Monday, November 18, 2013


A devil's advocate is someone who, presented with a particular argument or idea, takes an opposing view for the sake of debate. His task is to test the original argument in an attempt to expose weaknesses or holes. The devil's advocate may or may not agree with the original argument:  the point isn't whether or not he agrees; the point is to test the soundness of the argument or idea.

If you are trying to clearly articulate a particular biblical doctrine, having a devil's advocate can be a valuable asset. His questions will challenge your thinking and require you to address issues you may have overlooked. If you are proposing a certain course of action, a devil's advocate can help identify weak areas in your plan. He may even propose alternative plans by which you can achieve your specified goal. If you are trying to choose between several options - Do I want to accept the job offer in Utah, or would it be wiser to take the position in Idaho? - a devil's advocate can help you find the benefits and liabilities associated with each option.

Yes, it is beneficial to have a devil's advocate on your team. Someone to ask questions from a different angle. Someone to help you see problem areas that you may have completely overlooked. Someone to help you anticipate opposition to your plan or challenges to implementing it.

You see, the point of the devil's advocate is not to belittle or demotivate you. No, his purpose is to make you stronger, wiser, and more effective.

Then there are those who simply "play the devil." Rather than strengthening and sharpening you, they drain you of energy and dull your enthusiasm for life. They don't argue or present opposing viewpoints for the sake of benefiting someone else; rather, they seem intent on simply wallowing in their own negativity and pointless criticism, while splashing their muck and discontent on the people around them.

Here is my attempt at illustrating the difference between playing the devil's advocate, and playing the devil:

Mary: I am going to try to initiate a relationship with Sarah. I think I'll invite her to meet me for coffee next week.
Lou (the devil's advocate): Sarah is very shy and introverted. She probably won't answer her phone if you call her.
Mary: You're right. Okay, Sarah will be at church Sunday morning. I'll wait and ask her then, in person.
Lou: What will you do if she says "No"?
Mary:  Hmmm, I guess I'll just keep trying. Then she'll see that I really do want to get to know her better. Maybe she'll eventually give in and say "Yes"!
Lou:  Sarah doesn't like coffee, by the way.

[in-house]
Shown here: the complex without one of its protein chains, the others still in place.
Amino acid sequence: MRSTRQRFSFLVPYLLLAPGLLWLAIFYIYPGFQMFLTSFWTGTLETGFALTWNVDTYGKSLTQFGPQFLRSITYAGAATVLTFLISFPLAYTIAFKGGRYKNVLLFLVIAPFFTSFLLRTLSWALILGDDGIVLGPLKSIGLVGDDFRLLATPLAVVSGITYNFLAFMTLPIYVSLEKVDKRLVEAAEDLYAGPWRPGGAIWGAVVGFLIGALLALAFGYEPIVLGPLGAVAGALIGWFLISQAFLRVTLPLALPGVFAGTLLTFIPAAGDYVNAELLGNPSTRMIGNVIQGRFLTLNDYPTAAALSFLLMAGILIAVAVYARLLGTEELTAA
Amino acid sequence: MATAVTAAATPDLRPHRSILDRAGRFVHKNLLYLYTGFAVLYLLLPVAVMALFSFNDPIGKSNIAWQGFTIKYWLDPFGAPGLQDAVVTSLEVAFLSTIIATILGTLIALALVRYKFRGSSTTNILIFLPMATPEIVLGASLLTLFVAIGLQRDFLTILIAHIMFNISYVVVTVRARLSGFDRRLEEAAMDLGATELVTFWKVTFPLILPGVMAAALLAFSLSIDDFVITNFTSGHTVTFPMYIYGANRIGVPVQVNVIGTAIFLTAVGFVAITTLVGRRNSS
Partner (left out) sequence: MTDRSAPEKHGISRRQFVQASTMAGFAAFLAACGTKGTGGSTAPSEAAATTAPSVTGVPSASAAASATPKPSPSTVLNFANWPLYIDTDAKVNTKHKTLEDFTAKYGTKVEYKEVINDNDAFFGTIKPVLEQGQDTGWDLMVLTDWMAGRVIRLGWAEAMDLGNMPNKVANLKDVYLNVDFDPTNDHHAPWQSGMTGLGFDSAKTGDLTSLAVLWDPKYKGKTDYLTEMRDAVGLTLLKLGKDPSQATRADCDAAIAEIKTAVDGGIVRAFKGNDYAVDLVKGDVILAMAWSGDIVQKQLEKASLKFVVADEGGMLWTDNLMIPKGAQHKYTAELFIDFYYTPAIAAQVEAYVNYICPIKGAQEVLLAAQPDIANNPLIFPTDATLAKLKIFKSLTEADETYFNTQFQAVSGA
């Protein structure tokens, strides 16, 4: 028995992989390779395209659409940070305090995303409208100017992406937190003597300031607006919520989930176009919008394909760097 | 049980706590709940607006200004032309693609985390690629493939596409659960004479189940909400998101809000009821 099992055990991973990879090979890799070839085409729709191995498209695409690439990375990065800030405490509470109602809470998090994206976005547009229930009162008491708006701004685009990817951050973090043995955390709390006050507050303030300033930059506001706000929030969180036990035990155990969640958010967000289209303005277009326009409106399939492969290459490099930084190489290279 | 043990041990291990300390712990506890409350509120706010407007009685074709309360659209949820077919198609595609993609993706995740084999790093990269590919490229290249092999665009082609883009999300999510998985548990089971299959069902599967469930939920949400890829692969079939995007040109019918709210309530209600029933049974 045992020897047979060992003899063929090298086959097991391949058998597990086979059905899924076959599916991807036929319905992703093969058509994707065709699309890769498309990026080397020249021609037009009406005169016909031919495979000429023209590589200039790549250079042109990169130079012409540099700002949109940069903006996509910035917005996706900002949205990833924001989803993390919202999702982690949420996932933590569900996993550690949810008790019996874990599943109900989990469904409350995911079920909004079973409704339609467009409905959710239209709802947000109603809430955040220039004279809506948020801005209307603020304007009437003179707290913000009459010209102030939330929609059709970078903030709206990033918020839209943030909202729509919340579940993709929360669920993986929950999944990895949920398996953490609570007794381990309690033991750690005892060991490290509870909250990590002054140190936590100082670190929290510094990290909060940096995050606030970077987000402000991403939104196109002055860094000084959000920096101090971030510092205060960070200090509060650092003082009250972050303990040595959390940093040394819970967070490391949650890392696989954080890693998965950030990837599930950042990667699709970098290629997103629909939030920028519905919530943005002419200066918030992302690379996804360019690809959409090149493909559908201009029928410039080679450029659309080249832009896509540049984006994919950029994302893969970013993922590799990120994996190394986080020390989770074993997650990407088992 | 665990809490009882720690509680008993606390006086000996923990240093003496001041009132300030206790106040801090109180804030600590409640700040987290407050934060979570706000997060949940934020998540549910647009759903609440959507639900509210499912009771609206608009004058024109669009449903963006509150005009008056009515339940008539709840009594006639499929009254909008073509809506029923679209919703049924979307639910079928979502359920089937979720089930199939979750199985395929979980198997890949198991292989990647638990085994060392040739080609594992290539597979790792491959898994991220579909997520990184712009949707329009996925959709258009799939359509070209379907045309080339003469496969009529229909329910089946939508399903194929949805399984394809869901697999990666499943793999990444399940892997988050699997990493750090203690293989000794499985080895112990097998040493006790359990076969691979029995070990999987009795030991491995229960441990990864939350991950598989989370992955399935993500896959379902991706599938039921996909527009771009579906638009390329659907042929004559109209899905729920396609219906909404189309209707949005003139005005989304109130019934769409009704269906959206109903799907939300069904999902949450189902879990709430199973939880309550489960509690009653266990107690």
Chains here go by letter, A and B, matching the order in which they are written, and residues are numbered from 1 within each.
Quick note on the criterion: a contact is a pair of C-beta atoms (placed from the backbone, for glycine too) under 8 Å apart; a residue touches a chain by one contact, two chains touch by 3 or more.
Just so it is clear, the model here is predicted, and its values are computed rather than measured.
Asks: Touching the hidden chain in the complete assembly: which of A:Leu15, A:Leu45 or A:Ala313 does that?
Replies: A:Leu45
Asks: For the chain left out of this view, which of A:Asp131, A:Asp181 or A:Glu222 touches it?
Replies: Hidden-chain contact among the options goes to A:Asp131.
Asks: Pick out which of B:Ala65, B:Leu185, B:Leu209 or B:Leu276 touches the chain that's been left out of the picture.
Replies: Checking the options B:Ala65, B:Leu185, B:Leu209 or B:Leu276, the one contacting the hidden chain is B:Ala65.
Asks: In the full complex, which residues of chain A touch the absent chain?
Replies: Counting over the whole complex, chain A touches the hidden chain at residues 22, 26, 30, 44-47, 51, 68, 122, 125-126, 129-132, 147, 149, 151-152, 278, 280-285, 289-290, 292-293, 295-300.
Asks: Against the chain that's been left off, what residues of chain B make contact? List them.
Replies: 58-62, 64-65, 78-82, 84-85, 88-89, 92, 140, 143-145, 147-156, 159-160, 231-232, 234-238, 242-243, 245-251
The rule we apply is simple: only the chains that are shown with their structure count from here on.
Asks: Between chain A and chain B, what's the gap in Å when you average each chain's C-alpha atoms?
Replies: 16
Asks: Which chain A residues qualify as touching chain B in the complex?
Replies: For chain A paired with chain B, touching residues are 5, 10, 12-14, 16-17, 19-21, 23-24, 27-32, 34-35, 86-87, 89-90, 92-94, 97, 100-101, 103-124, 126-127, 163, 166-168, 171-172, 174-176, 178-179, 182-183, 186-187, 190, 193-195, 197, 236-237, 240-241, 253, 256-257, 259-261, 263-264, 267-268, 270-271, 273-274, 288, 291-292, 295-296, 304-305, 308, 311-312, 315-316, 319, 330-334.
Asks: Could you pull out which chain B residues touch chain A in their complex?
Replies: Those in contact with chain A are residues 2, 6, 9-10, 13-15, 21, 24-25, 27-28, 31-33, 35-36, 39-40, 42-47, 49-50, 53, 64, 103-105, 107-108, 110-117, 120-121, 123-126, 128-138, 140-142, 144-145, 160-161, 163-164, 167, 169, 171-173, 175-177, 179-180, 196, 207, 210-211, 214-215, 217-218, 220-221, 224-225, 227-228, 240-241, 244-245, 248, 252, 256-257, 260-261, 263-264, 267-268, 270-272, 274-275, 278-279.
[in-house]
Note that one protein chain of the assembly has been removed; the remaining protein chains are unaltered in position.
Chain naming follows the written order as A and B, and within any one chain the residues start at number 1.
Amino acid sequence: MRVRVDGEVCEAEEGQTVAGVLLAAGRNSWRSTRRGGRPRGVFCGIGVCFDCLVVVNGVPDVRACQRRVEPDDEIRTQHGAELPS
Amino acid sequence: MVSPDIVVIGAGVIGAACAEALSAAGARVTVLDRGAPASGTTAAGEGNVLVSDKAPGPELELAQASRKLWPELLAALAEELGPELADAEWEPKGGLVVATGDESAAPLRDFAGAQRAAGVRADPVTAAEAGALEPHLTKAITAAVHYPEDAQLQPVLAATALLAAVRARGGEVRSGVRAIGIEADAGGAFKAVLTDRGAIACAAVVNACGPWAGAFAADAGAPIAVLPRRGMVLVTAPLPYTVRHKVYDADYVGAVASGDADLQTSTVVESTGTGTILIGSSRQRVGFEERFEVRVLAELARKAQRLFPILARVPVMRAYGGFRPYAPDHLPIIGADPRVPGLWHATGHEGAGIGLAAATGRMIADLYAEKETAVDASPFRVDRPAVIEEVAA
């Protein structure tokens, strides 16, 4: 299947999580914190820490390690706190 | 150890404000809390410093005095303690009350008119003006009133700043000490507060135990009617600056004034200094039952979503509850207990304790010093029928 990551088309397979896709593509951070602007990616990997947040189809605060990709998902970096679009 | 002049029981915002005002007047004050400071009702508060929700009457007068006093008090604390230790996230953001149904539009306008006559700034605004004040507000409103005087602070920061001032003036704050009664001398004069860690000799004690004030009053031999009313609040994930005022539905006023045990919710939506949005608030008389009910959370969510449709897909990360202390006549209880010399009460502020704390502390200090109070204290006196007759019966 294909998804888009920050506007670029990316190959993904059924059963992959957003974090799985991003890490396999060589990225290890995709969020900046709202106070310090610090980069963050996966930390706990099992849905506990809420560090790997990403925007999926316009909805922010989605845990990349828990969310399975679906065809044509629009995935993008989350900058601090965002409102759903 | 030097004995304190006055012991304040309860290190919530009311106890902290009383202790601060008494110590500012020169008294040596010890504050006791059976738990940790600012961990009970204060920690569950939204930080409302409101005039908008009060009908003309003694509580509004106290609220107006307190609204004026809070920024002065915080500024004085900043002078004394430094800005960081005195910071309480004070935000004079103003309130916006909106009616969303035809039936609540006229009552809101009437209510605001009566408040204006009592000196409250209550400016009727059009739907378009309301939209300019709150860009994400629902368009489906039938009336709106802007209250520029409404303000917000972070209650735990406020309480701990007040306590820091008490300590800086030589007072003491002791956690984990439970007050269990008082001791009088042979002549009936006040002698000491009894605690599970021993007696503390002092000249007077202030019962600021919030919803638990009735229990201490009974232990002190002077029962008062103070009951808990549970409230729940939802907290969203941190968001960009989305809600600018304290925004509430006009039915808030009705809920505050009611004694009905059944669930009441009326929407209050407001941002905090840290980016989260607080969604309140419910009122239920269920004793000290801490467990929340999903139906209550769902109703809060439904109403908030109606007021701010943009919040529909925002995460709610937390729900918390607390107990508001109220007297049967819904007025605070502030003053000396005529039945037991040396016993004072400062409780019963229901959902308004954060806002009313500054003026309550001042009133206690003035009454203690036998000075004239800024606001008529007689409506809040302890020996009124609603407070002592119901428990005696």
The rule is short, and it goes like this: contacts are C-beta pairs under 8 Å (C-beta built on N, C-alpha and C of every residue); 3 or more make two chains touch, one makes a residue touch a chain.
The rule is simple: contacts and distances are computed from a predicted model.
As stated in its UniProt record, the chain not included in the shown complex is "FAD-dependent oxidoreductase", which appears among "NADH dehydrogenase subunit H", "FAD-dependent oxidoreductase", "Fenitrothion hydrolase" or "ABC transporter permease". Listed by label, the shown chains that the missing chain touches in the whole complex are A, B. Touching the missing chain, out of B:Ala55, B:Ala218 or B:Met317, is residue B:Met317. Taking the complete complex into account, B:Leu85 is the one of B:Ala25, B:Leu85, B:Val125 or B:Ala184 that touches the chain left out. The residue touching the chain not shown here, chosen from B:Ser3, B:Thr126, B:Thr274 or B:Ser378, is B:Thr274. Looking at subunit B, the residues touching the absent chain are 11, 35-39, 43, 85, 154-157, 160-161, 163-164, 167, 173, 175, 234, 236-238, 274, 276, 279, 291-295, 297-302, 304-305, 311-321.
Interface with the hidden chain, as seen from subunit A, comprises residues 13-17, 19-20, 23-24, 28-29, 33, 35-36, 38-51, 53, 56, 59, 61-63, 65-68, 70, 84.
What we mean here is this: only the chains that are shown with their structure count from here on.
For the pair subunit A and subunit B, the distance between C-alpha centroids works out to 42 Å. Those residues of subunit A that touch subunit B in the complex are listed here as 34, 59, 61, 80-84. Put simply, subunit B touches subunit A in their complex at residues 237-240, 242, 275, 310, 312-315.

Mary:  Well, maybe we could meet somewhere for lunch then.
Lou:  What if Sarah can't afford to eat out?
Mary:  Good question. I'll offer to treat.
Lou:  Or, you could invite her to come over to your house for lunch one Sunday after church.
Mary:  Do you think she'd find that intimidating?
Lou:  Probably. How could you make an invitation to lunch something that she wouldn't be intimidated by?

You get the idea. The point of the devil's advocate is to help Mary develop a plan, to anticipate problems, and to look for ways to address those problems. The point is: getting to know Sarah might not be as easy as planning a coffee date for next week, so Mary needs to be prepared to persevere!

Now, Scenario 2:

Mary:  I am going to try to initiate a relationship with Sarah. I think I'll invite her to meet me for coffee next week.
Lou (the devil):  Sarah is weird. She never talks to anyone at church. She acts like she thinks she's better than everyone else. If you try to call her, she probably won't even answer her phone.
Mary:  Then I'll talk to her at church next Sunday, in person.
Lou:  Humph! Well, don't be surprised if she hasn't got time for you. I think you're nuts, wasting your efforts on that stuck-up recluse.
Mary:  Then I'll just have to work harder to show her that I really do want to get to know her better. Maybe I could treat her to lunch.
Lou:  You've never taken ME out to lunch. Harumph!
Mary:  Lou, we're eating lunch together right now! (sigh)
Lou:  Yeah, but we're just at your house, eating grilled cheese. I don't even like American cheese. Blech!

Can you just feel Mary's enthusiasm draining away?!

Sometimes at my house, negative and unhelpful comments start rolling off our tongues. It truly feels like there is an evil spirit hovering in the air. "That's stupid." "He's so messed up." "We're having soup for supper? Ugh." "You're wasting your time." Wicked, careless barbs - not intended to help or instruct, serving only to pollute the air and quench joy.

You want to play the devil's advocate? Let's sit down and talk.

You want to play the devil? Let me show you to the door.

1 comment:

Anonymous said...

Ihave been called a "devil's advocate. One of our young ministers recently told me the devil didn't need an advocate. He is right and so are you. Love,Dad